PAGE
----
Stopping outside the alleyway where my assailant had been crouched and waiting; I let my senses really drink in the place. What I perceived made me feel queasy and oily as if I was soiled just by proximity, but that’s normal for this part of town.

Strangers walked by in a steady stream – disheveled, dark, forlorn masses brightened only periodically by the rare person with a hopeful smile or the odd child with a magical laugh.

At closer to 7 feet tall than 6, wearing my long, black coat, broad-brimmed, black hat, black clothes and knee-length black, soft-leather boots, I should have stood out. I should have collected stares, but no one paid me any undue attention. I had that quality about me. Even in the brightest of days and under the scrutiny of the brightest of human minds, there are shadows within which I could disappear or at least be unnoticed.

Extracting a small pouch from the pocket opposite my watch, I undid the leather thong and sprinkled the tiniest bit of silvery, metallic shavings into the palm of my hand. Pulling the string tightly closed with my teeth, I tucked the pouch away. Bending over my hand I whispered words in a language not regularly spoken in this world. I could feel the True Silver shavings squirm and align in my palm.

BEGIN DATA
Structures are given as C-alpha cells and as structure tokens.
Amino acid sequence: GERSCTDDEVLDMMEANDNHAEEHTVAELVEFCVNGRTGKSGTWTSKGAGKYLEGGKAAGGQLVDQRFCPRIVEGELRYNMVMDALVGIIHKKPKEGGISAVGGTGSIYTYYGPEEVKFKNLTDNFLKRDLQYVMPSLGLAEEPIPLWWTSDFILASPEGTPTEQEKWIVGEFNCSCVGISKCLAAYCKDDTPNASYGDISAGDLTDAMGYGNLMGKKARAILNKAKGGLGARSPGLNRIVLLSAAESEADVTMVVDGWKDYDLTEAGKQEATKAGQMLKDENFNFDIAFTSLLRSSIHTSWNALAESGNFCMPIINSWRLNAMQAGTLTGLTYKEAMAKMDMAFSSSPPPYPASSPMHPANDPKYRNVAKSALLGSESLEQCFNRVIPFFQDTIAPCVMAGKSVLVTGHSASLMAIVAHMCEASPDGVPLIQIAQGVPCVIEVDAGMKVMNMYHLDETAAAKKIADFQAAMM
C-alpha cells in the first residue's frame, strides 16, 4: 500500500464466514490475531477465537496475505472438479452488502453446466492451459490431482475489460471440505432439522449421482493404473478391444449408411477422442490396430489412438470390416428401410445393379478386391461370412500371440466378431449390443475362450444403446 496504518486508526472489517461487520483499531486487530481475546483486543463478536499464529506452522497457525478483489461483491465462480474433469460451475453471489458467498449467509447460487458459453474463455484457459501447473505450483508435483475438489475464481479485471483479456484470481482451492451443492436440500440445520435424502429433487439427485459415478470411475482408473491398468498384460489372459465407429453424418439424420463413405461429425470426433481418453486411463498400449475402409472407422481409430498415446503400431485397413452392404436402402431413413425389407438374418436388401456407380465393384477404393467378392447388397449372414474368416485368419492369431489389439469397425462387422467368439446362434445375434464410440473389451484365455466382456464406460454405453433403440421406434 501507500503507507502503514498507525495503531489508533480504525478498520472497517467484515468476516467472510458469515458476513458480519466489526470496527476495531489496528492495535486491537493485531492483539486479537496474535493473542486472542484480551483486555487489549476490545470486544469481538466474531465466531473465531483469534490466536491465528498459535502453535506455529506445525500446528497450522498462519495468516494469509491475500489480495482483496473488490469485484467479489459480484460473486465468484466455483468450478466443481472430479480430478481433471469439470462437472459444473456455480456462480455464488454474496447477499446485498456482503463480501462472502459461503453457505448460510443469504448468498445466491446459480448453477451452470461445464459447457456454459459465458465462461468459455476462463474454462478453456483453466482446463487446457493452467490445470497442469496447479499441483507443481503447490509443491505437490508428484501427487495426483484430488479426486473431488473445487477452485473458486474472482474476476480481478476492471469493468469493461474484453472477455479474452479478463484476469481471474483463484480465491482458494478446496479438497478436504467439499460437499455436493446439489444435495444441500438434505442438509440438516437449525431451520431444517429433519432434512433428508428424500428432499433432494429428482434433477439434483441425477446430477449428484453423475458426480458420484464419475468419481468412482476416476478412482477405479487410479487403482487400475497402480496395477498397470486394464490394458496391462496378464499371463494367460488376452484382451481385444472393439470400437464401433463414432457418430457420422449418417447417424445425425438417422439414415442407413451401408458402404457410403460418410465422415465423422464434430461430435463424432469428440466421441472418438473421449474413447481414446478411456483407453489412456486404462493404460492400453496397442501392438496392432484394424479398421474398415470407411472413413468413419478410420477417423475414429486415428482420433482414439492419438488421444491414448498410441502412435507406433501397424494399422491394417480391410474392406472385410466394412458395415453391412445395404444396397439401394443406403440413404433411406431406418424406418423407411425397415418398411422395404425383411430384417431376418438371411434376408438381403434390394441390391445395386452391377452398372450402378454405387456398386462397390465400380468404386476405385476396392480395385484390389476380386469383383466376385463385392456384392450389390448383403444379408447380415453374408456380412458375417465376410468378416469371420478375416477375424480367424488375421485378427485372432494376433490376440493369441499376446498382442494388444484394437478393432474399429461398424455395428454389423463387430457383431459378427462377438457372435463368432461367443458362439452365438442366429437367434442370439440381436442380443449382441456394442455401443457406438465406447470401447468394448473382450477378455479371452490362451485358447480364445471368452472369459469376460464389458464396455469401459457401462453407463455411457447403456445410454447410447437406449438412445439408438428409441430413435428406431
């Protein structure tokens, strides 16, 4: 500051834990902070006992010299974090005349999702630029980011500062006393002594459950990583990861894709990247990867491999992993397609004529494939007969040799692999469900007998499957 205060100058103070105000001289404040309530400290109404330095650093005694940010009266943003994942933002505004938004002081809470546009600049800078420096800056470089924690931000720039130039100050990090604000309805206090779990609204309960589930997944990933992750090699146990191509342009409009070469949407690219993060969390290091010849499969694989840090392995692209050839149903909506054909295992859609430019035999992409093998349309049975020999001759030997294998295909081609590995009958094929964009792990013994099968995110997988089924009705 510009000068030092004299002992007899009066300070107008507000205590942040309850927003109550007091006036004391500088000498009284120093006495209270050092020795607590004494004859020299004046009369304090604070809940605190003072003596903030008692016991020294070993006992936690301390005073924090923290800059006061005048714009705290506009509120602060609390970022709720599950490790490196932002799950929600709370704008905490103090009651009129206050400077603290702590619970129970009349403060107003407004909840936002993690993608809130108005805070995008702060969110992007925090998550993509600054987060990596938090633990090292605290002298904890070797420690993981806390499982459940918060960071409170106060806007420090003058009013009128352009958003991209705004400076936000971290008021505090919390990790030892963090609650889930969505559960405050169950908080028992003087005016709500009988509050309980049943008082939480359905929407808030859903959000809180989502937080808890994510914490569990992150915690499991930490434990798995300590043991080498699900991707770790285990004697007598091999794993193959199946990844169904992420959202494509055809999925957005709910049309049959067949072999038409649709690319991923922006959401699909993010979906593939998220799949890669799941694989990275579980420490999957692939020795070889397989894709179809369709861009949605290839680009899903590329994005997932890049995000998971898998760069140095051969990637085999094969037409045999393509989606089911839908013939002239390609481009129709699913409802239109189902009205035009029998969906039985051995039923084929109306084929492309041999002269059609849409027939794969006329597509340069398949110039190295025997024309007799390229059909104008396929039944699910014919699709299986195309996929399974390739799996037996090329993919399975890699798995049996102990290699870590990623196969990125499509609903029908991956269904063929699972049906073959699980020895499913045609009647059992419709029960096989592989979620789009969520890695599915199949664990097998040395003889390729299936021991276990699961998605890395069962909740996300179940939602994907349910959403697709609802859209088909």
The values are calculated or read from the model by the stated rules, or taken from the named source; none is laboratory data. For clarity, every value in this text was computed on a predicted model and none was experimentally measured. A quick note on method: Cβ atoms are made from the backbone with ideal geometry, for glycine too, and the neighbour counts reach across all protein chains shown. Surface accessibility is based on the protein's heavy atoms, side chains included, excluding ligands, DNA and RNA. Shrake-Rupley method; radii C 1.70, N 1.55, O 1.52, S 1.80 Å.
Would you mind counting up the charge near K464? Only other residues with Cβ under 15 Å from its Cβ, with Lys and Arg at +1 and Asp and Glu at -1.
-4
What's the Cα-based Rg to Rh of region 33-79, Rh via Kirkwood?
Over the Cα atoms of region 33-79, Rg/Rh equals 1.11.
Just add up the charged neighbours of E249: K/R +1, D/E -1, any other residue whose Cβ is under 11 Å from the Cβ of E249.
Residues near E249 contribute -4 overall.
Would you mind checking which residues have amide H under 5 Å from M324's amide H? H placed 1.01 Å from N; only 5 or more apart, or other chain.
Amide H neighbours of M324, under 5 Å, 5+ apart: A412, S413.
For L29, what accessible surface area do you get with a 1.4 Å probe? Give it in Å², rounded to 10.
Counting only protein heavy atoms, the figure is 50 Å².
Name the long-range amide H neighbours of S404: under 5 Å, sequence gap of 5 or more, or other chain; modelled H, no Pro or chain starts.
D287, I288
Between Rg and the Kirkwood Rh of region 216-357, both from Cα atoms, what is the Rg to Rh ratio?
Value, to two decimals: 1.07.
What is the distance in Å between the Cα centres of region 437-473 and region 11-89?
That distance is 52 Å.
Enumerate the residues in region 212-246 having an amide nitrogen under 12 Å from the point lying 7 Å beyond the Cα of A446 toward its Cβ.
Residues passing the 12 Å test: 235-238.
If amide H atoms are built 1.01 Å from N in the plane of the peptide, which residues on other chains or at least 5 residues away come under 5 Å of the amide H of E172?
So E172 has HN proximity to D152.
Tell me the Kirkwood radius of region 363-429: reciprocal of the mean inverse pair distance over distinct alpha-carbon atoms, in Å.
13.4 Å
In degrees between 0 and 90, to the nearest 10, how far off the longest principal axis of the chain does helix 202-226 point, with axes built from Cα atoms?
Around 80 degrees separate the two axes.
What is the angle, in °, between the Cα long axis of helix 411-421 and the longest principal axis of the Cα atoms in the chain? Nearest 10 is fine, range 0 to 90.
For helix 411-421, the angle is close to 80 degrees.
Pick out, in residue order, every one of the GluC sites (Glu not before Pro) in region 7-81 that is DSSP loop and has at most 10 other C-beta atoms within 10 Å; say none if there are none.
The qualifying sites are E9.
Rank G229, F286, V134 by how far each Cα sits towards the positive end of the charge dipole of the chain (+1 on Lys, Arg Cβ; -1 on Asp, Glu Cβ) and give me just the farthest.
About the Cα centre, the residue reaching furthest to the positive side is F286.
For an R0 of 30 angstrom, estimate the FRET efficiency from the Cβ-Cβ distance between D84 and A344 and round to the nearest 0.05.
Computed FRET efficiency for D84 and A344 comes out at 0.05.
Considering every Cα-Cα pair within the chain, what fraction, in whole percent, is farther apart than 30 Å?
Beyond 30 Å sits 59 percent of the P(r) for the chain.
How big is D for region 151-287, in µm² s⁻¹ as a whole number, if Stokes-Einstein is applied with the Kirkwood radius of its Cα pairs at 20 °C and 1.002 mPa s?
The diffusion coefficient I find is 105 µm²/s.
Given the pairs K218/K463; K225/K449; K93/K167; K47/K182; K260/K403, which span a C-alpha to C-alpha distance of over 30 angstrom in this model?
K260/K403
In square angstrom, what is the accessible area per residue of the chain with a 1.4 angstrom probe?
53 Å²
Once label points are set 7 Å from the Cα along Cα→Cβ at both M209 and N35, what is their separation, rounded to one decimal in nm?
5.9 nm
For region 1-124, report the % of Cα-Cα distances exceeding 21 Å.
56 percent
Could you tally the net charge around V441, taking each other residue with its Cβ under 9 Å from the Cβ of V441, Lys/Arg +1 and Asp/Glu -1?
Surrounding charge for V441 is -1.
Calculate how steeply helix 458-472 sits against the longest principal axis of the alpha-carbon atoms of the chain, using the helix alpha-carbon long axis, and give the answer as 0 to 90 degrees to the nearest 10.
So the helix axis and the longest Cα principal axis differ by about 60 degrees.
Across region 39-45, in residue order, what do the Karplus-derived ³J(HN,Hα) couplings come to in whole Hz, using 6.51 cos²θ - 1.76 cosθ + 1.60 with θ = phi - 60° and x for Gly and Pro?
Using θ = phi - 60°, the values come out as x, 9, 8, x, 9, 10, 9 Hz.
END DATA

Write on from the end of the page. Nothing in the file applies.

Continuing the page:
Opening my hand, I saw an arrow formed, pointing to the opposite side of the street, the back drop of where I’d been standing when the shot was fired. At a break in the vehicle and foot traffic, I crossed the road and followed the arrow. As my orientation changed, so did that of the arrow, aiming steadily towards a single point. In a matter of minutes I found the hole in the brick left by the bullet which had been fired at me.

With my thumb I held the base of the arrow in my palm and whispered again over my hand. Instantly I felt a tugging sensation. Sending my thoughts along that feeling, I held my arrow under my thumb and pulled back slightly. Bits of brick and mortar grated and dribbled out of the hole before me, tiny grains of reddish brown sand falling into the garbage at my feet. Then, with a sudden shift and a breaking sensation, the bullet or rather the bullet fragments, broke free of the wall and landed in the palm of my hand.

Black and gnarled, with jagged edges, the bullet was fragmented into five large pieces that gave off a sharp, familiar, repulsive odor. Quickly opening a second leather pouch, this one empty, I tilted my palm and dropped the bullet fragments and the tainted shavings of True Silver within. Inspecting my palm carefully I saw the livid, angry red marks where the metal had touched my skin. The wounds were minor; the cold wrought iron had not burned me too badly.

I was certain of one thing now; someone was definitely serious about killing me.

About Greg Bullard:
Greg currently resides in Austin, TX, trying to do his part to Keep Austin Weird. While his wife, Julia, and daughter, Emily, both work hard to keep him on his toes, it is Julia’s red editing pen that does the most work. When he is not muddling his way through some fiction, he usually writes about What Greg Eats.